29 years ago last night, Dodger Stadium witnessed history.

That’s a moment so iconic, that you don’t even need me to describe it or recap it. It just lives on in history. And so it was perfectly appropriate that nearly three decades to the day, Justin Turner came to the plate in the bottom of the ninth inning of a 1-1 game, with two on, and two out.

He took a first pitch ball and then this happened.


Good night now. Dodgers 4, Cubs 1. Dodgers up 2-0 and heading to Chicago. And yes, it’s just one game and all the Dodgers did was hold home field. But the Cubs had a chance to rip it and Turner wouldn’t let them.

You think he enjoyed that one a little bit? “I’ve told this story I don’t know how many times since I’ve been a Dodger. One of my earliest baseball memories was being at my grandma’s house and watching that game and watching Gibby hit that homer. I can’t even put it into words right now. It’s incredible.”

My man nearly dropped a Gibby fist pump around the bases. I’ll say this once and you can either appreciate it now or understand it later: Justin Turner is clutch as hell. I’m not sure how many other guys in baseball I’d rather have up in that spot ahead of Turner. He’s now up to 22 postseason RBI and has 10 this year alone. Dude’s 13 for 18 with runners in scoring position for his career in the postseason. Of course he was going yard with two outs and two on last night. The only questions were: what pitch and how far the homer would go?

Oh, wait, there was one other question….


And another one, WHERE WAS WADE DAVIS?

Remember Wade Davis? I ask, because I’m not totally sure that Cubs manager Joe Maddon does. You see, Wade Davis is the Cubs closer. He was the guy who was so brass in the clincher against the Nationals and got Bryce Harper to end the series. But he was nowhere to be found last night.

But before we get into that, how about a moment for the thought pattern that allowed the Cubs to send three straight right handed batters up to face Kenley Jansen in a tie game. The same Kenley Jansen who kills right-handed hitters to the tune of a .120 batting average.

Just brainstorming here, but maybe you throw up a lefty pinch hitter there, especially when Anthony Rizzo got on base via a hit by pitch. But Maddon didn’t do that. He rolled with the righties. Again, Joe Maddon has forgotten more about baseball than I’ll never know, but that was weird.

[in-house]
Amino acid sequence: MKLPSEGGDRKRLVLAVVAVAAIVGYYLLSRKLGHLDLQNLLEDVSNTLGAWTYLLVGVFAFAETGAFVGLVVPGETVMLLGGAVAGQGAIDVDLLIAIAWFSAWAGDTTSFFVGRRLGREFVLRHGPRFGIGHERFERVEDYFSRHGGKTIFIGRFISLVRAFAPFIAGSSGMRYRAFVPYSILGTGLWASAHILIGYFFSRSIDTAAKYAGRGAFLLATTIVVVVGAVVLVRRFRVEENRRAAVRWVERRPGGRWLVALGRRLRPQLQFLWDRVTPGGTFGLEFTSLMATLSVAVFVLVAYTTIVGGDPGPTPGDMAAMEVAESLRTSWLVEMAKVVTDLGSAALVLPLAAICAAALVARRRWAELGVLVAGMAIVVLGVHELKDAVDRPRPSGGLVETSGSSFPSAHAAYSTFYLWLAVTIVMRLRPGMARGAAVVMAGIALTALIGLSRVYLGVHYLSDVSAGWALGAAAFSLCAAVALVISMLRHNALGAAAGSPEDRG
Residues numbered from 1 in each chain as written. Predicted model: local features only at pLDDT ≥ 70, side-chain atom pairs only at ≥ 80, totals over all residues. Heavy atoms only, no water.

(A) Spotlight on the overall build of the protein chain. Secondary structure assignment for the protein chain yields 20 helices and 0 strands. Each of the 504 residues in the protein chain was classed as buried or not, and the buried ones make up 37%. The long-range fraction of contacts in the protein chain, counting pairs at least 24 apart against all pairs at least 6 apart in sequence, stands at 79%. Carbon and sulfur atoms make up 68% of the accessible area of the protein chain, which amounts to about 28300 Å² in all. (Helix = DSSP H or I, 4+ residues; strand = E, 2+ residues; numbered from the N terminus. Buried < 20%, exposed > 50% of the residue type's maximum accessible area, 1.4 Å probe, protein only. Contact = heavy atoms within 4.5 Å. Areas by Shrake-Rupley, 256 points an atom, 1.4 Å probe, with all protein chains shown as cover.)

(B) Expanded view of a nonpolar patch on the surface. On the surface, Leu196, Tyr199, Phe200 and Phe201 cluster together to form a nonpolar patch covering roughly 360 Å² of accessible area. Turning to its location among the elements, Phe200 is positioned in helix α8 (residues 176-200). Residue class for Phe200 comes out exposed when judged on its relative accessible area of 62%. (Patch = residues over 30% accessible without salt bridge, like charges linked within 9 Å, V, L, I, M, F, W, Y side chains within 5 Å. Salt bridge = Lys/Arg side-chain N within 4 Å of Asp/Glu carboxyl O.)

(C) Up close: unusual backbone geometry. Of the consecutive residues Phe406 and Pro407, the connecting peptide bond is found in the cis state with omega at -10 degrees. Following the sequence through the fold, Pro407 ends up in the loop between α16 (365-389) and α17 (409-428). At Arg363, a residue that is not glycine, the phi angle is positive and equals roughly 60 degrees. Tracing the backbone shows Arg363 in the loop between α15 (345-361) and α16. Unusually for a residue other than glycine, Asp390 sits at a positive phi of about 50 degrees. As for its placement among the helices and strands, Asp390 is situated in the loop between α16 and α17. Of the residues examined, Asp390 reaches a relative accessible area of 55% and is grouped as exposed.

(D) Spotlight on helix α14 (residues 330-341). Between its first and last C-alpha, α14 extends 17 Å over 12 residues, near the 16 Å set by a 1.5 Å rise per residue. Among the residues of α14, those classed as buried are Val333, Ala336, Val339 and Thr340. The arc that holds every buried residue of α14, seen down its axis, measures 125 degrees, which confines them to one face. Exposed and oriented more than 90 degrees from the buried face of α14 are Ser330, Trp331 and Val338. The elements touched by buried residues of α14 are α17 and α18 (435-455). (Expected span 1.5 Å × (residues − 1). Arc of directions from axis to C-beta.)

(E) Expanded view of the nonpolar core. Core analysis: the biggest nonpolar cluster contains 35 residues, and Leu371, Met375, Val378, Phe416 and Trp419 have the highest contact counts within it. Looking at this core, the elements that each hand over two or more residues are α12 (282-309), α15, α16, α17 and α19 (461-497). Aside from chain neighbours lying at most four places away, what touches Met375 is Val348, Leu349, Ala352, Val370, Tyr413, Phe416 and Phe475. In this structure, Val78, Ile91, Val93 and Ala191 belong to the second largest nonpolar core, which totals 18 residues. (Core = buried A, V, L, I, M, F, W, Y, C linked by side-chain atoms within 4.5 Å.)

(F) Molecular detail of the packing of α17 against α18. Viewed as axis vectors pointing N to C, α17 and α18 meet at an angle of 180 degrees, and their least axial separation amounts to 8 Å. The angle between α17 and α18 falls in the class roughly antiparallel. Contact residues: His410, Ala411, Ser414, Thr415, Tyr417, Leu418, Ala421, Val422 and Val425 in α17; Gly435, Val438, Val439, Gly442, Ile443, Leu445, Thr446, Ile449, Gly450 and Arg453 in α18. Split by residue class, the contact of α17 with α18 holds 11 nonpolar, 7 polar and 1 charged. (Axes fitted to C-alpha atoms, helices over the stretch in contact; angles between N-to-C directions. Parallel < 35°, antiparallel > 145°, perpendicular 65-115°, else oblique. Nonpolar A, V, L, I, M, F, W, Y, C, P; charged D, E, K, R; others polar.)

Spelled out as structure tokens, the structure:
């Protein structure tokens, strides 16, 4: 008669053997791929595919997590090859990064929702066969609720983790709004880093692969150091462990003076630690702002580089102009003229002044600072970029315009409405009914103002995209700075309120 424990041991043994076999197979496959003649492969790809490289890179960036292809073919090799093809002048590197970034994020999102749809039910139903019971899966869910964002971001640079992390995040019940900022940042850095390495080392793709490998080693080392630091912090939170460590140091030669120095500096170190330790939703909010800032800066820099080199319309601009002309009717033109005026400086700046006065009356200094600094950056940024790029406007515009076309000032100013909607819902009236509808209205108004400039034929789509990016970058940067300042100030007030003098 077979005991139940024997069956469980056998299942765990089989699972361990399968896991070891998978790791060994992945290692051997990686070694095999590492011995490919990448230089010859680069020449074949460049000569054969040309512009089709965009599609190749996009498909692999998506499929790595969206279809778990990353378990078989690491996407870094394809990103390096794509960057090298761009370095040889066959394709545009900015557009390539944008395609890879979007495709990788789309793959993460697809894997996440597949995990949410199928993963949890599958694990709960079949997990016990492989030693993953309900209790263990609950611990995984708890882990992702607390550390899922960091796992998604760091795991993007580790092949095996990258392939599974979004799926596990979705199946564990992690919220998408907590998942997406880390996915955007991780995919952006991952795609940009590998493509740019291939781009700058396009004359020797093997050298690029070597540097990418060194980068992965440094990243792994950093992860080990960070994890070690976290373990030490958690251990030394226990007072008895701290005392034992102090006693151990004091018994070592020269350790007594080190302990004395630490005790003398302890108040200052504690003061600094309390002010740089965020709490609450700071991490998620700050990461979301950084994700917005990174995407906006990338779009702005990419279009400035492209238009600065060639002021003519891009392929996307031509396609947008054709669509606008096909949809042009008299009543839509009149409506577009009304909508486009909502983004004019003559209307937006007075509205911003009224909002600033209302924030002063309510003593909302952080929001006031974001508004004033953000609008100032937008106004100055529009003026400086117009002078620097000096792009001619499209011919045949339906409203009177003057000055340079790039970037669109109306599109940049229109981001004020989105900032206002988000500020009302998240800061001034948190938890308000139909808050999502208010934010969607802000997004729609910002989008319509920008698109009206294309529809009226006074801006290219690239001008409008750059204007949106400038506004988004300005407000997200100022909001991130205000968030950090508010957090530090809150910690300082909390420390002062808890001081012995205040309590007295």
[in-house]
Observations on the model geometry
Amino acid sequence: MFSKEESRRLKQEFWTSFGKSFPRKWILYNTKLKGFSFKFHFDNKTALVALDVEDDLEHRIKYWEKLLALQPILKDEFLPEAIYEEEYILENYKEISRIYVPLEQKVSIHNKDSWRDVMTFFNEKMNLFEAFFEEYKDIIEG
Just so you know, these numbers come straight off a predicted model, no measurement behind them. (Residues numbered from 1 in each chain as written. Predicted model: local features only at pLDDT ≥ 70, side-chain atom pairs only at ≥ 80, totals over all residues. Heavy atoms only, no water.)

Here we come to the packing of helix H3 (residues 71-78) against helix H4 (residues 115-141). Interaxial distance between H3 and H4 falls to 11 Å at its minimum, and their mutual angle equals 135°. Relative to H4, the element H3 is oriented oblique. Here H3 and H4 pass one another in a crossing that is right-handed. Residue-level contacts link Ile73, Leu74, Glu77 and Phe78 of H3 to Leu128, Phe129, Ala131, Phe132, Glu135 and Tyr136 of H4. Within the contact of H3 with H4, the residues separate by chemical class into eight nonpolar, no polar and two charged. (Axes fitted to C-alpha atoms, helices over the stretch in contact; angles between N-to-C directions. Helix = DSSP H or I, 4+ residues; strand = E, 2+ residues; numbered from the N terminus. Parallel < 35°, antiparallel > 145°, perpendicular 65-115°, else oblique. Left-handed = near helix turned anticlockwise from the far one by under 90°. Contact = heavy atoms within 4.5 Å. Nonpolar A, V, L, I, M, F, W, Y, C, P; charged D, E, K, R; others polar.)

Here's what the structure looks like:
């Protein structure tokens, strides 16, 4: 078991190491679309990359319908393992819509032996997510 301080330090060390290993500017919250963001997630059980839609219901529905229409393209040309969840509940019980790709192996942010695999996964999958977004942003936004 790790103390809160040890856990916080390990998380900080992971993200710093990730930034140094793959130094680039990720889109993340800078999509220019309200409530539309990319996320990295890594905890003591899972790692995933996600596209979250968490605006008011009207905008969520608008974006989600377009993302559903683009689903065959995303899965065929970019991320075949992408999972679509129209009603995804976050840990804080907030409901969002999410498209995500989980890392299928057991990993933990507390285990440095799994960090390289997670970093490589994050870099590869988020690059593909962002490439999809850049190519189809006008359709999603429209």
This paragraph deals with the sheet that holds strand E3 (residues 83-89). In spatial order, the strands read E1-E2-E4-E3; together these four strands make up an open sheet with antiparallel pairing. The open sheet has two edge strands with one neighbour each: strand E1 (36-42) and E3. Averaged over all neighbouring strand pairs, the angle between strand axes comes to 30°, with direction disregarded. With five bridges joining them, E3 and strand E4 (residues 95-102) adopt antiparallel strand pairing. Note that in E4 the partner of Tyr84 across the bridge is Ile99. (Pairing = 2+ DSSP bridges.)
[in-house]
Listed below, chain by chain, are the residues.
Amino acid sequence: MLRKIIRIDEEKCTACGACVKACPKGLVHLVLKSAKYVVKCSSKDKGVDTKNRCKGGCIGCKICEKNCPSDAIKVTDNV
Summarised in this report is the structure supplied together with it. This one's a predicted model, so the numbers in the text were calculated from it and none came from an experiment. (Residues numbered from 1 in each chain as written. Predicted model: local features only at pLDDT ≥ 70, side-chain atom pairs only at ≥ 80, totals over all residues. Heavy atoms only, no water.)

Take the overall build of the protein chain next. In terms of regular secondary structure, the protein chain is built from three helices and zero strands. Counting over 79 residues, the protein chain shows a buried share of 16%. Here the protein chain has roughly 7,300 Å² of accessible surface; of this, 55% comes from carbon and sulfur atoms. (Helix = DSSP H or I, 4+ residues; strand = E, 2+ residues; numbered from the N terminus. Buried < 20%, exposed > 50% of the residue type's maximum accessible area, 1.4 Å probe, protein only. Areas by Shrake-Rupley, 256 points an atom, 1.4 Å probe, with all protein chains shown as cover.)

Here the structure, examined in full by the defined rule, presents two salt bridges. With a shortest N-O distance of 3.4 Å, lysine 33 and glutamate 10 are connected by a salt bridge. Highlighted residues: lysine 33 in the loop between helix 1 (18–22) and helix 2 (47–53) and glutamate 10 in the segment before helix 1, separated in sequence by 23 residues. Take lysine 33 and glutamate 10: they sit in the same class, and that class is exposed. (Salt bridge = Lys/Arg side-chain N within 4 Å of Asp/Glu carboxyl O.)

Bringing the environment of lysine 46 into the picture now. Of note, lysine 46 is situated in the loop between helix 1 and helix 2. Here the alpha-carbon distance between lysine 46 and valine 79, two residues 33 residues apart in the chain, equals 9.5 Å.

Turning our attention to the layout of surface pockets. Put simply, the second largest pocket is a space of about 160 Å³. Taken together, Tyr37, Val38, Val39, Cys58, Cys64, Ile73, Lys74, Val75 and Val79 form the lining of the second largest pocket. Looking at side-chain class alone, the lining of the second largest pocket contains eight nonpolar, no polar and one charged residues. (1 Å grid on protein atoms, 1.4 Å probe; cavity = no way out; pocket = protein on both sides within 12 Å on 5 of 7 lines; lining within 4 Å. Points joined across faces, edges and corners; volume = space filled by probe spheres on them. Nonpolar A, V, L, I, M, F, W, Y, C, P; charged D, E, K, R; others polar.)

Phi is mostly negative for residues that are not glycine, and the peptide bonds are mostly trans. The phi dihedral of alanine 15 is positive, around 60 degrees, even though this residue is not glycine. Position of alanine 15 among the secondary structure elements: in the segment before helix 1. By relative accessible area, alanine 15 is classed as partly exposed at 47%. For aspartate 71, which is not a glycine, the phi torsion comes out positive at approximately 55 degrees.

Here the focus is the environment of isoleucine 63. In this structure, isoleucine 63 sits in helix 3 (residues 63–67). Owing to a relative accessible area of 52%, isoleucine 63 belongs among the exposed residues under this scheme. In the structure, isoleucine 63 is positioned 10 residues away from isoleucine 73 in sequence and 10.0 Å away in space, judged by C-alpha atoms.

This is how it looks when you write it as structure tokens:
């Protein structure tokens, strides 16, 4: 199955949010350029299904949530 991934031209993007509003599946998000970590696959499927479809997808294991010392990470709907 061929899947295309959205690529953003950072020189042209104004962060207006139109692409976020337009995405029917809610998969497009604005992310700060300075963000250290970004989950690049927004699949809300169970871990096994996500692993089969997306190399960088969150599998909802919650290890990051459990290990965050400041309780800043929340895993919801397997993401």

But not nearly as weird as what happened in the bottom of the ninth. Yasiel Puig led off the inning with a walk, advanced to second on a sacrifice. Then Kyle Farmer struck out, so now you have two outs, and a runner on second base. You could go with Wade Davis, who can’t give you any more than an inning and you’d prefer to keep him for a save situation, but at the same time, when you’re on the road, if you give up a run here, you won’t get a save situation.

But instead of going with the All-Star closer, Joe Maddon went with John Lackey. I get it. Because when you have a chance to get a guy with a grand total of three relief appearances in his career into a crucial moment in a playoff game, you do it. Especially when he’ll be pitching in back-to-back games for the first time in his career.

And the only thing better than going with a guy who never comes out of the ‘pen and is doing it on back-to-back days, is doing it with a guy who led the National League in home runs allowed. That’s a no-brainer. Get him and his 36 home runs this season and more than 300 in his career, in that game. Every damn time. You do that seven days a week and twice on Sunday. And since yesterday was Sunday, I’m guessing that Maddon would’ve done it twice yesterday if he could’ve.

And of course Lackey walked the first guy he faced. Maybe that’s a warning sign. Maybe you do something there and rip him out of the game. I know it would be a desperate move, but when you’ve got a gopher-ball specialist going up against one of the most clutch hitters in the league, it might be worth considering. But Maddon had his plan and he worked it. And Turner worked him and Lackey for a 3-run jack and a 2-0 series lead.  Don’t get it twisted, the Dodgers are the better team: that’s why they’re up 2-0 and why they’re going to win this series but Joe Maddon, getting turned inside out by Dave Roberts and making some of worst managerial moves at the worst possible time, certainly isn’t helping.


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